If HuffPostTravel can declare that the "Old Travel Show is Dead, Long Live the New York Travel Festival," then we might be right in declaring that "Travel Destination Articles Are Dying, Long Live Social Media Travel Content."

So, when a senior editor at Technorati  told me that, going forward, all travel-related content had to have a social media spin, had to be presented via a Social/New Media filter, I knew the travel content game had changed. No more colorful destination pieces?

And then I read about a Travel Trends Blogger Conference in New York this month, further proof of the nichification of travel content, and the trend toward travel trends.

And then this: Travel Writing is Dead from the nihilistic publication 3am Magazine.

No more straining for appropriate adjectives and stumbling over cliches.

Technorati, after all, has millions of unique visitors a month, and while the content site is not especially known for its travel articles, the Technorati Travel home page is petty vibrant with article Tweets typically running in the 20-50 range in any 24-36 hour period and many, many Facebook shares.

Personally, I had been noticing the movement away from high-page views for destination content (The 'Wow' of the Caribbean), and the increasingly high numbers of page views for travel articles with a travel news/trends/social media orientation. like "SocialMedia Powers Family Travel Tends". In many cases the disparity was dramatic.

It seems descriptions of blue waters, great dining experiences, famous landmarks, cozy inns, and distant places can be found almost anywhere in our totally Googleized world. Friends and friends of friends share images and tales on Facebook and Twitter and Instagram, and the many review sites.

But content on family travel trends or how new technologies will enrich travel or how airline booking sites can personalize their information and flex with a customer's specific travel needs, are more sought after.

For us, our "Is Socialgraphics Travel's Next Big Social Media Thing" simply generates more comments and engagement.

On the other hand, content on how a specific Caribbean island reaches out to its visitors and co-creates the island travel experience through social media works.

It's simply more relevant to today's traveling digital natives who are "in touch," and sharing useful, relevant information at every stage of their decision-making process and travel experience. They are co-creating travel, and today's travel content reflects that change from the passive travel article, to one that highlights the engaging, Social media dynamic of travel today.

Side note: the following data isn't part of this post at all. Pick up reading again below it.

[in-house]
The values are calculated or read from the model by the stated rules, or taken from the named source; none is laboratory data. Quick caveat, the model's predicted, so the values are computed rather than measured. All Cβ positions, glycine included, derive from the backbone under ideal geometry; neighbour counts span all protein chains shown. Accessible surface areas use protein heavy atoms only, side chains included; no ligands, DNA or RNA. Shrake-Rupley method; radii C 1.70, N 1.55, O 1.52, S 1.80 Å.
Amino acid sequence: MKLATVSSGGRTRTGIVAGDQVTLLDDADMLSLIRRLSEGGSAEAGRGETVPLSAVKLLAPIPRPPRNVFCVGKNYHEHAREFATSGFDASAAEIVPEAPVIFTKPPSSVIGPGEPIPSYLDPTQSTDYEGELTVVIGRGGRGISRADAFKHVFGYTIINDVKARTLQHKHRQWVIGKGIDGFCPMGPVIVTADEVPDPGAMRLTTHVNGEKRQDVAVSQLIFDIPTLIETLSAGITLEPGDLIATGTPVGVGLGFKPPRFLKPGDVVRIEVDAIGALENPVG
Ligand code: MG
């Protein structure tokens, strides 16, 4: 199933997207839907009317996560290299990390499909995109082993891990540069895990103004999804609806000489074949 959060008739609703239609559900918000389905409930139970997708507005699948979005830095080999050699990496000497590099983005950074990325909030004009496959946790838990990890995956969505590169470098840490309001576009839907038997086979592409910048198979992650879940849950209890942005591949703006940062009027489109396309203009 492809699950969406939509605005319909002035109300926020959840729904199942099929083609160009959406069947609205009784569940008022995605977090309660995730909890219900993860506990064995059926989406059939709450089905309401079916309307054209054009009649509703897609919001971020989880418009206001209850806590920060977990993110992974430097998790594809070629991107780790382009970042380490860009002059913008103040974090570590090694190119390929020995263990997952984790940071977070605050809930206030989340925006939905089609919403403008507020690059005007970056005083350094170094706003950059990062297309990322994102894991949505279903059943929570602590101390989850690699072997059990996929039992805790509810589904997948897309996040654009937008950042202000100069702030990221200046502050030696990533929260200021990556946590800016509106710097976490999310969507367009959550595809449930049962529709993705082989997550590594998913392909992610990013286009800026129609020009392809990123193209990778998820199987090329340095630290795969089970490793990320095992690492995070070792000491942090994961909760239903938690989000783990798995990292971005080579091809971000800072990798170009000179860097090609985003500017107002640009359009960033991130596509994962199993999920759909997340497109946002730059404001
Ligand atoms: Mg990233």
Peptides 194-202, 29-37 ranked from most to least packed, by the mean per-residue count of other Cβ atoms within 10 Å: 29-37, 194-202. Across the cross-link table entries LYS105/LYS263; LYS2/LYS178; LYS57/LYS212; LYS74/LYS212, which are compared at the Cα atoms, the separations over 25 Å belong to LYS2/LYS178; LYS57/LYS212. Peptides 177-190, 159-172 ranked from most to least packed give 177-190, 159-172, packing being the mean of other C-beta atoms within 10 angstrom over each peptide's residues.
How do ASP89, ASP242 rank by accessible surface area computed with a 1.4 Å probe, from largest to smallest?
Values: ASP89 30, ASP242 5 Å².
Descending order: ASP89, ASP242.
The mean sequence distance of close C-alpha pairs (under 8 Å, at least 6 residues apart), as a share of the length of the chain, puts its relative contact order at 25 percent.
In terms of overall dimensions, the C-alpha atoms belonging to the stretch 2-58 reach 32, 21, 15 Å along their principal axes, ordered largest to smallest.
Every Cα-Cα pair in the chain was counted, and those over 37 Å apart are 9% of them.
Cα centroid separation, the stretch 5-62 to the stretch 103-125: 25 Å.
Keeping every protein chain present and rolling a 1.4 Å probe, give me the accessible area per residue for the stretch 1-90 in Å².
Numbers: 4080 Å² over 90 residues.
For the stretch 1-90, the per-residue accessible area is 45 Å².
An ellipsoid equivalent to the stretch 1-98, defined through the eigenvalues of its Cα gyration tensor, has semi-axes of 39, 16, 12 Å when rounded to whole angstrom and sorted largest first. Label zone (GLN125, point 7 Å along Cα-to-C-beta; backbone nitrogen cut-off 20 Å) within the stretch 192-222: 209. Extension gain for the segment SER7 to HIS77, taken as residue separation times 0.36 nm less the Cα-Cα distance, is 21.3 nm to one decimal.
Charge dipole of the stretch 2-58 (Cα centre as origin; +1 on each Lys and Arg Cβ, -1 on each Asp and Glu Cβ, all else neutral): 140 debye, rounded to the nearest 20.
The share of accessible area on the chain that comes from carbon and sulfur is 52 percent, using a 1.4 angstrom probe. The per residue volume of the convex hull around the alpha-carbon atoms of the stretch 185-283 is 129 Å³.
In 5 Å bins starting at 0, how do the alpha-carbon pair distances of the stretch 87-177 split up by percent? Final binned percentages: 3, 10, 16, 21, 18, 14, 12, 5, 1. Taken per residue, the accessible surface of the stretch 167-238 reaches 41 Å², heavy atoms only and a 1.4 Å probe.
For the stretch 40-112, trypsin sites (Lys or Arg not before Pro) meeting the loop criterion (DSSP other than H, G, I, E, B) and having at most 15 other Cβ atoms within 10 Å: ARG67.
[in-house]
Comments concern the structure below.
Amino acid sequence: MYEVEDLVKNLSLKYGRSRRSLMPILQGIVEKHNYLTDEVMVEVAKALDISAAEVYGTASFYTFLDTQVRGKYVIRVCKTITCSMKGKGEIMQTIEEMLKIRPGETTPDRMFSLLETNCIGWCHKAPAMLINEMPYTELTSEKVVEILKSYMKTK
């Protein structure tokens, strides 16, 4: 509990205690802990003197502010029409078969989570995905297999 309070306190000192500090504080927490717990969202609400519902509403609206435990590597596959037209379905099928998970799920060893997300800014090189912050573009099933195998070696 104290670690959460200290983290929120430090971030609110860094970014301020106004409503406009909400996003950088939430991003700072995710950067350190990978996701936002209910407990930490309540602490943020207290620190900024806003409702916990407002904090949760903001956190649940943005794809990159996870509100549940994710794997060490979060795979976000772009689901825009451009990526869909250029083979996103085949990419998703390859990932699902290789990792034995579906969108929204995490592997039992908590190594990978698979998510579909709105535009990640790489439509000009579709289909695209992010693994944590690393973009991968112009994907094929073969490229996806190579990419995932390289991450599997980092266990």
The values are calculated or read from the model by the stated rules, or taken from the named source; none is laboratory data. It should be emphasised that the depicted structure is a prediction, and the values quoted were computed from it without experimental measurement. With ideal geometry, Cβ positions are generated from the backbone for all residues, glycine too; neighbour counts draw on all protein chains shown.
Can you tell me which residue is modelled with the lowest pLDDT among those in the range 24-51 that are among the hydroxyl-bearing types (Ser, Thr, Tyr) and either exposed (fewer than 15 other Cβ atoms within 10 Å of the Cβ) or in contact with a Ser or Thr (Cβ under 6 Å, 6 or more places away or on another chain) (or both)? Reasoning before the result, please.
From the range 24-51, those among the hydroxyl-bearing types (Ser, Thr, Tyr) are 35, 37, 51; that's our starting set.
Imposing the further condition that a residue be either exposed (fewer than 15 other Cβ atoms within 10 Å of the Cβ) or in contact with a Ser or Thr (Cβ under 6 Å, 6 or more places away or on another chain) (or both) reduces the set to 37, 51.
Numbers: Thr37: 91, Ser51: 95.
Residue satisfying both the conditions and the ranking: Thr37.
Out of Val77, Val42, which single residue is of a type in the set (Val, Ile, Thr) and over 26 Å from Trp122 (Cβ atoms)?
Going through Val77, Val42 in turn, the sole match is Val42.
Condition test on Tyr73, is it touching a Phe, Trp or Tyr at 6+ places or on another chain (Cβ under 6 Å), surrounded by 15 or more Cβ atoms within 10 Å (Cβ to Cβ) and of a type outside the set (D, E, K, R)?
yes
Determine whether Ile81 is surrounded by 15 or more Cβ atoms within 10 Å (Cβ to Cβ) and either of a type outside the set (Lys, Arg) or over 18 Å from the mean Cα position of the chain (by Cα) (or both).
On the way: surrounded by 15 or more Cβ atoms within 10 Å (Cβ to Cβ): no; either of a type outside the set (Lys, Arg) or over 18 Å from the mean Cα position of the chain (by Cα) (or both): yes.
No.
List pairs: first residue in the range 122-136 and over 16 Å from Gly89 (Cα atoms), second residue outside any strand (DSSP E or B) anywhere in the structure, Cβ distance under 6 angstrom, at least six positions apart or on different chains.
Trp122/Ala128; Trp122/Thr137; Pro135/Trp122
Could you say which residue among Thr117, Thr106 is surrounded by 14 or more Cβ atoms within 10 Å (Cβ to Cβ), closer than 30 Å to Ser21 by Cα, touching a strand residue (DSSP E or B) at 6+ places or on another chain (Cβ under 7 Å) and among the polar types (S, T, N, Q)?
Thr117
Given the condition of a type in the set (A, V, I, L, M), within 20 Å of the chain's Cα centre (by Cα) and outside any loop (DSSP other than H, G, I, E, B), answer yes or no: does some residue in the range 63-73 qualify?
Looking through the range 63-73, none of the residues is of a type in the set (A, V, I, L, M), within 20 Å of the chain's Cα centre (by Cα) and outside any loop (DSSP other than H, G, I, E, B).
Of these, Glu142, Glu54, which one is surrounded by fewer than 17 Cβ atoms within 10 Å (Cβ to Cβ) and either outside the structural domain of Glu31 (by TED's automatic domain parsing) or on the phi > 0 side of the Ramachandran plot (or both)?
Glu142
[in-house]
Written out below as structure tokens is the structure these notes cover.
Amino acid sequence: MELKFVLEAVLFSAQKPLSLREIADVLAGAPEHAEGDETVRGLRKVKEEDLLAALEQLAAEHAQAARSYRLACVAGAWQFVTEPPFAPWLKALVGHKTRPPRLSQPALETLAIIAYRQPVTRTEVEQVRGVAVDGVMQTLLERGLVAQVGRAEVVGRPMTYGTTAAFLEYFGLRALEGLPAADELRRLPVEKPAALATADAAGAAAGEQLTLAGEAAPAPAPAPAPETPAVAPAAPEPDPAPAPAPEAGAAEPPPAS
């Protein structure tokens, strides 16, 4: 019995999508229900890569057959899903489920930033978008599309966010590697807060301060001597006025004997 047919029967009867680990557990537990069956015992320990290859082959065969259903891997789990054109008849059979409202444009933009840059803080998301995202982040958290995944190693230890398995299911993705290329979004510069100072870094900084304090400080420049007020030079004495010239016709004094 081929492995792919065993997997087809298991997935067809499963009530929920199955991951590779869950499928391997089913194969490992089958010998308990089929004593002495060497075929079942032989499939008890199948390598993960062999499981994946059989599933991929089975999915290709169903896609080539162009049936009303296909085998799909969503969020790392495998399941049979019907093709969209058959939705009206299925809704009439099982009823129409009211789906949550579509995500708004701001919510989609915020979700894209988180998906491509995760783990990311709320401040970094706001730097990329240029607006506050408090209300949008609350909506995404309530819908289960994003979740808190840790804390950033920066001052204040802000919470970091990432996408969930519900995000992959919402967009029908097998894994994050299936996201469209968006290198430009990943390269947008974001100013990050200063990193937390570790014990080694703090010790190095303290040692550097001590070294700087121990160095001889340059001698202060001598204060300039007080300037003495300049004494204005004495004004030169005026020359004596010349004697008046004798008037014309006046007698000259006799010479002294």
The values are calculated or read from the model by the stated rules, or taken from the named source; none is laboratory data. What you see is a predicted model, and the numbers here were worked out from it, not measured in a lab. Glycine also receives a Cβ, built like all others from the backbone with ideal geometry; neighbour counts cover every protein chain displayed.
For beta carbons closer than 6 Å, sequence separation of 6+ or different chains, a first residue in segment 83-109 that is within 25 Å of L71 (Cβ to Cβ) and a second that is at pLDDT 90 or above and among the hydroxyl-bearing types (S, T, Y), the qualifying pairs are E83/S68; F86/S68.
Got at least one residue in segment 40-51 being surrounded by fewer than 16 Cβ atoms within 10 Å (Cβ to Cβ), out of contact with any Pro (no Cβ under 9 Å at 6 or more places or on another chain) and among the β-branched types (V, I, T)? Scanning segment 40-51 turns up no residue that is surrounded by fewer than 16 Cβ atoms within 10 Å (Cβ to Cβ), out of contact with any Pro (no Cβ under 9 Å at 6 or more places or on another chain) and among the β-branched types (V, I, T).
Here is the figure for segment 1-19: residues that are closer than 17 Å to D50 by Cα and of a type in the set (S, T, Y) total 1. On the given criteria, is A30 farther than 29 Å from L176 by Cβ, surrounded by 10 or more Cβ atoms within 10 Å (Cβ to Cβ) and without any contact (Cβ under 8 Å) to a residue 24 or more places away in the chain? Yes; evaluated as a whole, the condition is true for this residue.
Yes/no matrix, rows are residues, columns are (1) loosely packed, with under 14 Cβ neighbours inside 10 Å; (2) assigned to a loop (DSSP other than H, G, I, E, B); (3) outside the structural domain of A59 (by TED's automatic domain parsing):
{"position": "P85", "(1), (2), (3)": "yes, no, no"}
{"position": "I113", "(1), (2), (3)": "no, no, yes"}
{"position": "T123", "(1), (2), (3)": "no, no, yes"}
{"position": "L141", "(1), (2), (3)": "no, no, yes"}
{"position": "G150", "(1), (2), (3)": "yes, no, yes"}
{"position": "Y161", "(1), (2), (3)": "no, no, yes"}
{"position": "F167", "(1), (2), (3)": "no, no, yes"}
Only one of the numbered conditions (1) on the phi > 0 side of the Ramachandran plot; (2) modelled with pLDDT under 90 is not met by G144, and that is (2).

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  • Well, if you're in Switzerland next week, give me a buzz.

  • Likewise everyone! Great discussion! Much appreciated!

  • Maria, Allan, thanks for the stimulating conversation. A benefit of these kinds of media :)

    Maybe we'll meet up some day!



  • Hi guys ... I realize my situation may be unique because I have an 8.5 year old blog (my "vanity" site, if you will), but I got very involved in the social media world by happenstance, very gradually and very organically.  Yes, in some cases, data is very important -- in the case of advertisers or affiliate programs that want to see your visitor numbers and number of followers -- but for example, how important is it that I get 1K visitors to a page for keywords on a great article? Not much, if you consider that I have actually "sold" hotel rooms on Twitter alone, with folks telling me they've gone to a hotel just because I recommended it.  I might not get many comments on my site, but I'll get 50+ likes on a post on Facebook, and each and everyone those is sincere.  Trust is much more important than data and that kind of organic influence has enabled me to do great things, like my Trail of the Pirates, which was a fun, documentary-style written series on pirate history in Florida, which I developed myself and was 100% supported by CVBs and the state travel office.  I didn't have to pay a dime.

    I don't monetize my blog, but it opens huge doors for me that are monetized and I prefer to keep it that way. I rarely, ever, ever do anything sponsored on there, travel or otherwise. Because I'm very blunt and honest in what I write, people appreciate that.  Numbers really don't help or "count" for me (excuse the pun).  Influence trumps numbers, at least in my case.